We’ve all been told for so long you need to be on that you need to get on that property ladder sooner or later, and as house prices continued to soar to unprecedented levels, I figured I had better opt for sooner.

    But after a couple of months after I began my search, I got an email from a real estate agent telling me that the owner of a property I’d taken an interest in was willing to accept offers of $250,000 below the asking price.
    “Sorry, do you mean $25,000?” I replied, assuming that was some sort of typo. Nope, it was spot on – they were willing to cop a quarter of a million-dollar loss.
    That to me said they were panicking, and in turn, it made me panic that this was definitely not a good time to be getting in to the market.
    And so I decided I was going to sit it out for a year or two and just see how far prices will fall.

    Turns out I’m far from alone – clearance rates are now down significantly from the madness of a year or two ago, and the dip in property prices can so quickly become a crash when people like me lose confidence in the market.

    The problem with these situations is that they can very quickly become self-fulfilling prophecies – that if everyone gets scared, no one ends up buying, and prices fall and fall until eventually people decide prices are so low that they’d be mad not to cash in.
    There are numerous factors to blame here – banks tightening up lending restrictions, the end of many interest-only loans, an over-supply of apartments, and the simple fact that everyone probably got a bit carried away with our property boom in the last decade and created an over-inflated marketplace.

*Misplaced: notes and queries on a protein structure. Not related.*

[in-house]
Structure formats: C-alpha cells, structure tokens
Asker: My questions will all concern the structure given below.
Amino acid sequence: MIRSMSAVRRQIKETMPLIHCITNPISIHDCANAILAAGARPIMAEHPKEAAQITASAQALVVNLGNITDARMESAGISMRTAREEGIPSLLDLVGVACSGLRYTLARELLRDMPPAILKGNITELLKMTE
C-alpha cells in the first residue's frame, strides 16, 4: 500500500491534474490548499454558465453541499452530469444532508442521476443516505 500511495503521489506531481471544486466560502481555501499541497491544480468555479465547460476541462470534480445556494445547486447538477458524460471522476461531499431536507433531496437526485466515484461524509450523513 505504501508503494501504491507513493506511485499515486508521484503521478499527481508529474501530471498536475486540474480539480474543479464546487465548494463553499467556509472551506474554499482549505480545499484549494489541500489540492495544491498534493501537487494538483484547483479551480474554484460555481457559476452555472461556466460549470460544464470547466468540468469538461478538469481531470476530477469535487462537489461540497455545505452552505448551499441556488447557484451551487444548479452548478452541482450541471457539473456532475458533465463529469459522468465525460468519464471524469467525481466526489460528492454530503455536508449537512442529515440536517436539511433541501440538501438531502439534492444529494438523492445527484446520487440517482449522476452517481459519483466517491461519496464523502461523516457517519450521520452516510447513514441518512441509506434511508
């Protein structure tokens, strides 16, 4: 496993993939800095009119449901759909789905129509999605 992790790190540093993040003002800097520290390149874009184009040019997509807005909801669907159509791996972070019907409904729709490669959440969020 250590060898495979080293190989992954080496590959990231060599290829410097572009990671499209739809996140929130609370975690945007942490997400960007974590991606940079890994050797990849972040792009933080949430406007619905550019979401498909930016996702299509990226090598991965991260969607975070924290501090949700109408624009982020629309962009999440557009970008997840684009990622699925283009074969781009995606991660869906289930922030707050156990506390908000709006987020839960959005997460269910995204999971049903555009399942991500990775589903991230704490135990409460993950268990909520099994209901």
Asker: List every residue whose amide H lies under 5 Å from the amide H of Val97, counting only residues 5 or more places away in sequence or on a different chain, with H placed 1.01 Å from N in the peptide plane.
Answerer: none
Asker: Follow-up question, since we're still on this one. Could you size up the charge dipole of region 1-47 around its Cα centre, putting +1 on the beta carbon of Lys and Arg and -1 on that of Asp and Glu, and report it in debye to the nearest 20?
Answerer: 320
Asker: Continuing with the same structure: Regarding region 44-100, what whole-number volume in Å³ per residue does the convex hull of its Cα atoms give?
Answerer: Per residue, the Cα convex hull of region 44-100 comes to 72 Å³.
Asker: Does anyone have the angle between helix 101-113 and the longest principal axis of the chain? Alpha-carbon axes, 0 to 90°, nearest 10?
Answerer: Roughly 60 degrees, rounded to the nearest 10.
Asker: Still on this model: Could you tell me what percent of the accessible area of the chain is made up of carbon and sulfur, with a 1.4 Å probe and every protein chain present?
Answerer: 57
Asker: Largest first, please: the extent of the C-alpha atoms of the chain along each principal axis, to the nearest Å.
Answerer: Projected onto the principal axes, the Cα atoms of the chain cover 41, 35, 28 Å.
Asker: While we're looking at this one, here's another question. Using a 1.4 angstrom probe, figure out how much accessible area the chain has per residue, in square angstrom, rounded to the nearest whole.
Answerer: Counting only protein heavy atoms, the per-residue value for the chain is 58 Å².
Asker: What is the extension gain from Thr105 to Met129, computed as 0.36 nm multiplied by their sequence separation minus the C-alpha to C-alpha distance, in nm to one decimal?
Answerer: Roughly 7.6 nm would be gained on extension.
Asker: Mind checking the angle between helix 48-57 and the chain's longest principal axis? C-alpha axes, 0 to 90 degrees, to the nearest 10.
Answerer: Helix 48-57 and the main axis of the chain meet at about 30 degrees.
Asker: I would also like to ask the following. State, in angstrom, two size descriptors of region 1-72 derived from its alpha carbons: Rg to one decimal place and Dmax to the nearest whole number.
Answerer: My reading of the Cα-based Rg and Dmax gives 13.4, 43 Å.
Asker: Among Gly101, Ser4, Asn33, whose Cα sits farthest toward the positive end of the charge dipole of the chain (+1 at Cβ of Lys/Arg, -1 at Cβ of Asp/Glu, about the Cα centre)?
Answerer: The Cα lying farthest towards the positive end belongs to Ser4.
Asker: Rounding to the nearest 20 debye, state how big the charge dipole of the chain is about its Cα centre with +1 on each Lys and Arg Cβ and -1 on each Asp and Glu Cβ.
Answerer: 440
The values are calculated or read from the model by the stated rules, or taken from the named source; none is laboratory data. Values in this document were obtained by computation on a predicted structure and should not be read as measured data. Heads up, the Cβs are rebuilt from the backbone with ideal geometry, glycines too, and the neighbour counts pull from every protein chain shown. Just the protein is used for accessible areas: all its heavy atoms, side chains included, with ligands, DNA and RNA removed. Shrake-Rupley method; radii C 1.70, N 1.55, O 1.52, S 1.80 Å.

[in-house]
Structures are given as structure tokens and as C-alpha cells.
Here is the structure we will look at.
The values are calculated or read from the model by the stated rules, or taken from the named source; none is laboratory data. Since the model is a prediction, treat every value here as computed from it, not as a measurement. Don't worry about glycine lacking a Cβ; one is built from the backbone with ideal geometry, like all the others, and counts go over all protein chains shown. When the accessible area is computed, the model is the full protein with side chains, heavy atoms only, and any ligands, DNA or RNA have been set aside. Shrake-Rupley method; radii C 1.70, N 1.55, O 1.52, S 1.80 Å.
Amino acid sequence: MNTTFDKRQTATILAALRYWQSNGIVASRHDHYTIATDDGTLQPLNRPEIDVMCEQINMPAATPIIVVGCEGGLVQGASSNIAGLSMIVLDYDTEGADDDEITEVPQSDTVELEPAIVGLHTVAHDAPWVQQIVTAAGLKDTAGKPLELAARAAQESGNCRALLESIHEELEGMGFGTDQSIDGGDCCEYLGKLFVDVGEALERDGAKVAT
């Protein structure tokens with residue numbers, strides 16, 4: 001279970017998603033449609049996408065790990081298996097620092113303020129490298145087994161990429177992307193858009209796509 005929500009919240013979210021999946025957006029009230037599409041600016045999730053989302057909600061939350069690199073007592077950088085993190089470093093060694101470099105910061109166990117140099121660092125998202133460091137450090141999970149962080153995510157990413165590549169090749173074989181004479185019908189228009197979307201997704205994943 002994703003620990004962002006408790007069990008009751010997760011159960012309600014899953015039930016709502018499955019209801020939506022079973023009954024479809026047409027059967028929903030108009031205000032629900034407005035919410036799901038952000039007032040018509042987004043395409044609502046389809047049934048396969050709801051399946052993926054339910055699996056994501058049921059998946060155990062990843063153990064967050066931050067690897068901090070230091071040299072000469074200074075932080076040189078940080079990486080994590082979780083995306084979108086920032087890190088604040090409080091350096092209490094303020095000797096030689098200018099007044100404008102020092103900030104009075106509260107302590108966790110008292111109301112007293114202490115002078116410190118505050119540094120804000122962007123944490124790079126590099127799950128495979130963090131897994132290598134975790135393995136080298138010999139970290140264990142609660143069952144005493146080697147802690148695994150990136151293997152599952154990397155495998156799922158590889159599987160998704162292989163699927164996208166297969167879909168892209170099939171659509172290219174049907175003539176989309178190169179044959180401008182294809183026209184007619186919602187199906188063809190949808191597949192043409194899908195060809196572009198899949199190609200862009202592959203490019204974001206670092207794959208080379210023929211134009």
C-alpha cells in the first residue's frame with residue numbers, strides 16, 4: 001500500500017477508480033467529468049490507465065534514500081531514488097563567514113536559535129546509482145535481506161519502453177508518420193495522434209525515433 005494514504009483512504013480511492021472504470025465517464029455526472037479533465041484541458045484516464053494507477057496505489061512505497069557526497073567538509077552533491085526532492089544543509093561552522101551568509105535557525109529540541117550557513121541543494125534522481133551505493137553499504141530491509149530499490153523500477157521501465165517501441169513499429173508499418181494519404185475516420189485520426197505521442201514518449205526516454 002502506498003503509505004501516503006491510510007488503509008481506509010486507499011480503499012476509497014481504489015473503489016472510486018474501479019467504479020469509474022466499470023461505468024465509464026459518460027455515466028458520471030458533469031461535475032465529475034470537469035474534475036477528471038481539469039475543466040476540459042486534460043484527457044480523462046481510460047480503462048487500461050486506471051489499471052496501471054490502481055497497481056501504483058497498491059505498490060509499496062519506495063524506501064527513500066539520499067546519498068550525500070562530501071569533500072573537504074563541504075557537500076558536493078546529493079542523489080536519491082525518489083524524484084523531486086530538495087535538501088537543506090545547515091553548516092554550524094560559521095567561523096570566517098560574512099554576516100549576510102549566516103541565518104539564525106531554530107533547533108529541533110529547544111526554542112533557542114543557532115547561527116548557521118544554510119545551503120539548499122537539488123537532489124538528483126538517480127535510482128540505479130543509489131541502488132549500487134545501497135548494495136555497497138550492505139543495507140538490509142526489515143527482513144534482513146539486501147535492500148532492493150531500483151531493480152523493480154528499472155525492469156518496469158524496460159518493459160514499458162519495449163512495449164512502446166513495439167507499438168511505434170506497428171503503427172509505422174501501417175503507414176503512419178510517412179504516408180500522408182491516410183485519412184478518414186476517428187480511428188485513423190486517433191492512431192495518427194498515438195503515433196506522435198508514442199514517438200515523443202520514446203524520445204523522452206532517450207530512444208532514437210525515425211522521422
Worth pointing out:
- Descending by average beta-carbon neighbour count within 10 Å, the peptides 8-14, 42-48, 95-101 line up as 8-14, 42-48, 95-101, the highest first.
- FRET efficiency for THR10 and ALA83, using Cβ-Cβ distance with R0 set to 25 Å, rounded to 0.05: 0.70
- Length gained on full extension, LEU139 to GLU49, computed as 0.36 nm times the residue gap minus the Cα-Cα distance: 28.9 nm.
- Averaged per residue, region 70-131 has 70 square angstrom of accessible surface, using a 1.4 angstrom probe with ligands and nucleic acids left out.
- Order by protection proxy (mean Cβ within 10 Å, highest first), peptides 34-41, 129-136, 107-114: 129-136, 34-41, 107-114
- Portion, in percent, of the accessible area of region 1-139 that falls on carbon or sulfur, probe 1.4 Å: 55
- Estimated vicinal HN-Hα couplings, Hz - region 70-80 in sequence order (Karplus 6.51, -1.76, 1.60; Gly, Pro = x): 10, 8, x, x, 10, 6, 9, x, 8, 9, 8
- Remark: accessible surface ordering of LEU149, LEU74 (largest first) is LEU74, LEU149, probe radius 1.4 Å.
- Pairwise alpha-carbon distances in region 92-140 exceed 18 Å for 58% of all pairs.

So we’re all the cause of the crash, but we’ll all eventually be the solution as well – once people decide there are bargains to be had, the market will roar back to life.

    Source: https://www.9news.com.au/2018/09/16/...onomy-property

  10. #20
    Join Date
    Jul 2017


    How "effective demand" is impacted ...

    "Well it seems 60 minutes has had an impact, 2 mates at work today have been scared out of buying and decided to wait. One just put an offer in Sydney and is retracting his offer and waiting. This after watching the show, I can't believe it's had that much of an influence on people I know, fear is real and starting."

    Comment from a property chat forum after watching a story on the current events program 60 Minutes in Australia. This illustrates how confidence can fall from potential buyers due to changed price expectations. As a result "effective demand" is impacted, whilst "underlying demand" is relatively unchanged.

    News stories in mainstream media can impact confidence in potential buyers, and hence impact "effective demand". Notice how the headlines of falling property prices in some cities in Australia have lead to a fall in the level of confidence already by potential buyers and this news story further fueled falling confidence and as the story reinforced the trend of recent price moves.

    If this story had come out when property prices were still rapidly rising, and the mainstream media were reporting property prices continually rising (and resulting in buyer confidence being high), then this story might have been dismissed altogether and not had an impact at all on buyer confidence as this story would be at odds with the recent experience and evidence of rapidly rising prices.

    Links to 60 Minutes story
    Part 1: https://www.youtube.com/watch?v=smPR0s2W-Ck
    Part 2: https://www.youtube.com/watch?v=BbFvwYVfwq0
    Last edited by Chris W; 18-09-2018 at 04:44 PM.